Next Generation Science Standards

California’s state board of education adopted the NGSS in September 2013.  These progressive, research-based standards are not expected to go into full effect in classrooms until 2018.  However, during the week students spend at San Joaquin Outdoor Education, many of these new standards will be taught and reinforced.  We believe that the outdoor environment in which our naturalists teach lends itself to a more conceptual, real world vision for science that NGSS envisions.  Our outdoor classroom also provides authentic opportunities for observation, explanation, and argumentation, all of which are central to NGSS.


At SJOE, we are working with BEETLES (Better Environmental Education Teaching Learning Education Strategies), a program run by the Lawrence Hall Science, to update our curriculum.  Historically, our place-based system of education is already in many ways encouraging the kind of thinking that the new standards advocate for.  The BEETLES program is providing us with new up-to-date, researched student-centered and inquiry based techniques and activities.  Through these activities, we are working hard to even further align our curriculum with the Next Generation Standards.  For more information about the BEETLES program, please visit their website at beetlesproject.org.


For the complete Next Generation Science Standards and more information on how the new standards and the old standards differ, please visit the NGSS website at nextgenscience.org.  We have copied the standards most applicable to our program below.  Be advised that a given student who attends Outdoor School will not likely have lessons and activities that cover all of the standards below, but rather a well-rounded sampling.


5th Grade Standards Covered by Our Curriculum

Physical Sciences:

Students who demonstrate understanding can:

5-PS2-1. Support an argument that the gravitational force exerted by Earth on objects is directed down. 

5.PS3-1. Use models to describe that energy in animals’ food (used for body repair, growth, motion, and to maintain body warmth) was once energy from the sun.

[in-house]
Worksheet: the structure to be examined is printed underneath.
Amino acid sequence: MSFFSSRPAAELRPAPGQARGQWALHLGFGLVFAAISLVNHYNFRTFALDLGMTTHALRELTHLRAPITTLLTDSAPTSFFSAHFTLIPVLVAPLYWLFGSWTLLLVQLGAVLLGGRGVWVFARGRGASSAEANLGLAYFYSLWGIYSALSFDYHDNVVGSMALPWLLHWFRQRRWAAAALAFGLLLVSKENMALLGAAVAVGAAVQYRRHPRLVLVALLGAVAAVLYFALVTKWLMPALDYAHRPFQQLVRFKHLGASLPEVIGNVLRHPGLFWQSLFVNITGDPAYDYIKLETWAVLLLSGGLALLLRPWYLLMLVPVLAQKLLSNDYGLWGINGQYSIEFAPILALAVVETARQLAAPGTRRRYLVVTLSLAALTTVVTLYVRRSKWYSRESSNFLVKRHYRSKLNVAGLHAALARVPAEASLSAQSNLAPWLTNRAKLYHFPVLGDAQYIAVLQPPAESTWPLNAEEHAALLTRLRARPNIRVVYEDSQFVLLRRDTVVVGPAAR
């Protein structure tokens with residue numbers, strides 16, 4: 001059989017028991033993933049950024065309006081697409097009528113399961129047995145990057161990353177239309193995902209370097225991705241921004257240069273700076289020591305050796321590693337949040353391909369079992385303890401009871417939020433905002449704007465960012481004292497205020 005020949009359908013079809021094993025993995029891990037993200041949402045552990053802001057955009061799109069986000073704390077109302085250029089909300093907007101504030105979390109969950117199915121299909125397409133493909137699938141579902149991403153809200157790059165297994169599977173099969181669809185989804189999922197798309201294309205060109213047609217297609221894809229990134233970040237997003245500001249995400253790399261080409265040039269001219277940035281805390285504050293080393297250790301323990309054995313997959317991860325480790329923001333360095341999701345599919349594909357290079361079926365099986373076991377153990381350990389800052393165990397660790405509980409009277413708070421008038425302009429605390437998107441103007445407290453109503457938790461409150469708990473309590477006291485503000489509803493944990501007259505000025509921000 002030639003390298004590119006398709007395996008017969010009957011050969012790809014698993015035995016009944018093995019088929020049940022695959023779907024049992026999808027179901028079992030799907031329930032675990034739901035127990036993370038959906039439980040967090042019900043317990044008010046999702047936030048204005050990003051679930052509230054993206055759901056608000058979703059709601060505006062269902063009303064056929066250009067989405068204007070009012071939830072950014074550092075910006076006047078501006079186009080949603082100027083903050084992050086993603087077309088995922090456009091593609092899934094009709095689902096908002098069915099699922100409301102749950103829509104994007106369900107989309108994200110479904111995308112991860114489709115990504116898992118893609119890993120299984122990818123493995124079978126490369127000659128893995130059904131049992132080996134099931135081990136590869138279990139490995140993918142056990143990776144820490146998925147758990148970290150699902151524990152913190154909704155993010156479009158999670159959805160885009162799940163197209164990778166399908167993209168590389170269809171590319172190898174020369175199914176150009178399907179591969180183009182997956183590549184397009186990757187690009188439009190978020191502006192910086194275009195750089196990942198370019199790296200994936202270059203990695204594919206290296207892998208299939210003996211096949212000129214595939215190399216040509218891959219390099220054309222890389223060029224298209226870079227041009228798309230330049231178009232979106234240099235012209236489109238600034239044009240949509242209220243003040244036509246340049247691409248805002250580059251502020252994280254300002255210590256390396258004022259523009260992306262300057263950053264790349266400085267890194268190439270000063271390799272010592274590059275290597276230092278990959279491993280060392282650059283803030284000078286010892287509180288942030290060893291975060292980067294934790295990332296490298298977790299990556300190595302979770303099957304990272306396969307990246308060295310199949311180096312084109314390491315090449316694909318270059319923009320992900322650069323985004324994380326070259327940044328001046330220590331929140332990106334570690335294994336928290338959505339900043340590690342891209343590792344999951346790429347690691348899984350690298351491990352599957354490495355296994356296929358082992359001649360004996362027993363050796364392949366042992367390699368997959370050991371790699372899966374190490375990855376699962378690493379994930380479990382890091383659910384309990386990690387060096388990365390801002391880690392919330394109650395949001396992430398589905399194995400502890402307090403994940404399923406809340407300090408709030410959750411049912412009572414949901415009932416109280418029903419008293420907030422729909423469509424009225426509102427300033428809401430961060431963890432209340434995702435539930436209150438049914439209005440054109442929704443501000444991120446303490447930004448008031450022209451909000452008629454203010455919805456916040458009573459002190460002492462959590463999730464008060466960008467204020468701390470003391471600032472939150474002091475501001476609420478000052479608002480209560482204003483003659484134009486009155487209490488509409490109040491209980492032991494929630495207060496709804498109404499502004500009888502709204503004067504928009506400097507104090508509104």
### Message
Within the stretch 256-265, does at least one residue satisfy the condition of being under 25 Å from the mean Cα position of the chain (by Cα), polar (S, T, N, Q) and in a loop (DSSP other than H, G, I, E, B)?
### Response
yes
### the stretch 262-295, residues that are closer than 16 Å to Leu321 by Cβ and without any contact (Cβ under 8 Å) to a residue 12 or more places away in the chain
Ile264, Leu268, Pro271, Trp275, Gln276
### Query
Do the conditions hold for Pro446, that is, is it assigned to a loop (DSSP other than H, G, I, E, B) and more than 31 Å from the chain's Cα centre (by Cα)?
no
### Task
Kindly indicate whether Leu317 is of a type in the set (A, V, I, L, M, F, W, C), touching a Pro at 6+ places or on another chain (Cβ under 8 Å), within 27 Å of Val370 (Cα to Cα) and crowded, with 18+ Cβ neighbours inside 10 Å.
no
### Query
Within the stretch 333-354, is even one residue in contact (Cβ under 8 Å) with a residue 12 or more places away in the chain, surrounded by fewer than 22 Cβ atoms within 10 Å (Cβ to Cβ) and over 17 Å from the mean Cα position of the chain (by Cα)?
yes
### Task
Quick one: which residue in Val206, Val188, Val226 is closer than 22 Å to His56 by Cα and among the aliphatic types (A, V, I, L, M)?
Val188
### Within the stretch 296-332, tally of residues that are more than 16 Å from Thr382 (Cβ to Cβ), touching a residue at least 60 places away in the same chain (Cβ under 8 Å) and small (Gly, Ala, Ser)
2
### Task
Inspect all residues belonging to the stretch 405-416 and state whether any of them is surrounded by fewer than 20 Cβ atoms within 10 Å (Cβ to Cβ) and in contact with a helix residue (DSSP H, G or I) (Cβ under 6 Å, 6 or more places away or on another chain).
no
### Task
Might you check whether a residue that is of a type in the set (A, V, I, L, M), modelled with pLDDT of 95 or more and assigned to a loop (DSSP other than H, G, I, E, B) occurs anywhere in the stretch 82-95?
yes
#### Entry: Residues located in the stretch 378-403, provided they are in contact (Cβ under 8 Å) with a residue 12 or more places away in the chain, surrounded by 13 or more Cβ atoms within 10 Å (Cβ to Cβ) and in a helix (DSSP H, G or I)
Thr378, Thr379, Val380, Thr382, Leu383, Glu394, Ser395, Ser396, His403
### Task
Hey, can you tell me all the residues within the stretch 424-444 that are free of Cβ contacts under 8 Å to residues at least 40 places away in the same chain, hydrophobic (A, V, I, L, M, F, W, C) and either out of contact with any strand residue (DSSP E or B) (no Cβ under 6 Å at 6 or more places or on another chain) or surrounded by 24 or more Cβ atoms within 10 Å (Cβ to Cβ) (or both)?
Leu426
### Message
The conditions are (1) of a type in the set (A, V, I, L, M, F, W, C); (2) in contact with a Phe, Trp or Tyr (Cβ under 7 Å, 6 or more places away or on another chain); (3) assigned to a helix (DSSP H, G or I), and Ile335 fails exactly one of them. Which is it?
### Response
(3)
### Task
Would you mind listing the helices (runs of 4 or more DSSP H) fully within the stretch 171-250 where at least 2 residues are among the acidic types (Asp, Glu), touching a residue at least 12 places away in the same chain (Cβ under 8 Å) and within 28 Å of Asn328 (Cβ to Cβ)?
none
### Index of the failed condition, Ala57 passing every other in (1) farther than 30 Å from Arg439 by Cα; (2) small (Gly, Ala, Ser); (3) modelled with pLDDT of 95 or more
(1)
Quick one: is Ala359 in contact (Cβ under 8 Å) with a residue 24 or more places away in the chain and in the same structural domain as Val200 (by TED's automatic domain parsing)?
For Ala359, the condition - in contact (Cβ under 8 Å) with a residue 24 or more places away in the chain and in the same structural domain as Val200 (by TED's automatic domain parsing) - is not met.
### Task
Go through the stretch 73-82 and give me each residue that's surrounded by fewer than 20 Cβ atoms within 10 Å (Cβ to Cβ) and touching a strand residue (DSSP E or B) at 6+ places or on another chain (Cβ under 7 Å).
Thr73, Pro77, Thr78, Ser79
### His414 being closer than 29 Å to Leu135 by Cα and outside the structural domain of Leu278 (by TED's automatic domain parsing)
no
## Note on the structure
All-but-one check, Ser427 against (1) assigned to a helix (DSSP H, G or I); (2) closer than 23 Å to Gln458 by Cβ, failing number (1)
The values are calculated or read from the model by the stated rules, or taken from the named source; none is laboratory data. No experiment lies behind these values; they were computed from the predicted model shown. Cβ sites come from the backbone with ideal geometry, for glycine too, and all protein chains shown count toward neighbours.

Life Sciences:  

Students who demonstrate understanding can:

5-LS1-1. Support an argument that plants get the materials they need for growth chiefly from air and water. 

5-LS2-1. Develop a model to describe the movement of matter among plants, animals, decomposers, and the environment. 

 

Earth and Space Sciences:

Students who demonstrate understanding can:

5-ESS1-1. Support an argument that differences in the apparent brightness of the sun compared to other stars is due to their relative distances from the Earth.

5-ESS1-2. Represent data in graphical displays to reveal patterns of daily changes in length and direction of shadows, day and night, and the seasonal appearance of some stars in the night sky.

5-ESS2-1. Develop a model using an example to describe ways the geosphere, biosphere, hydrosphere, and/or atmosphere interact. 

5-ESS2-2. Describe and graph the amounts and percentages of water and freshwater in various reservoirs to provide evidence about the distribution of water on Earth. 

5-ESS3-1. Obtain and combine information about ways individual communities use science ideas to protect the Earth’s resources and environment. 

 

Middle School (6-8th grade) Standards Covered by Our Curriculum

Physical Science:

Students who demonstrate understanding can:

MS-PS1-3. Gather and make sense of information to describe that synthetic materials come from natural resources and impact society.

 

Life Science:

Students who demonstrate understanding can:

MS-LS1-1. Conduct an investigation to provide evidence that living things are made of cells; either one cell or many different number and types of cells.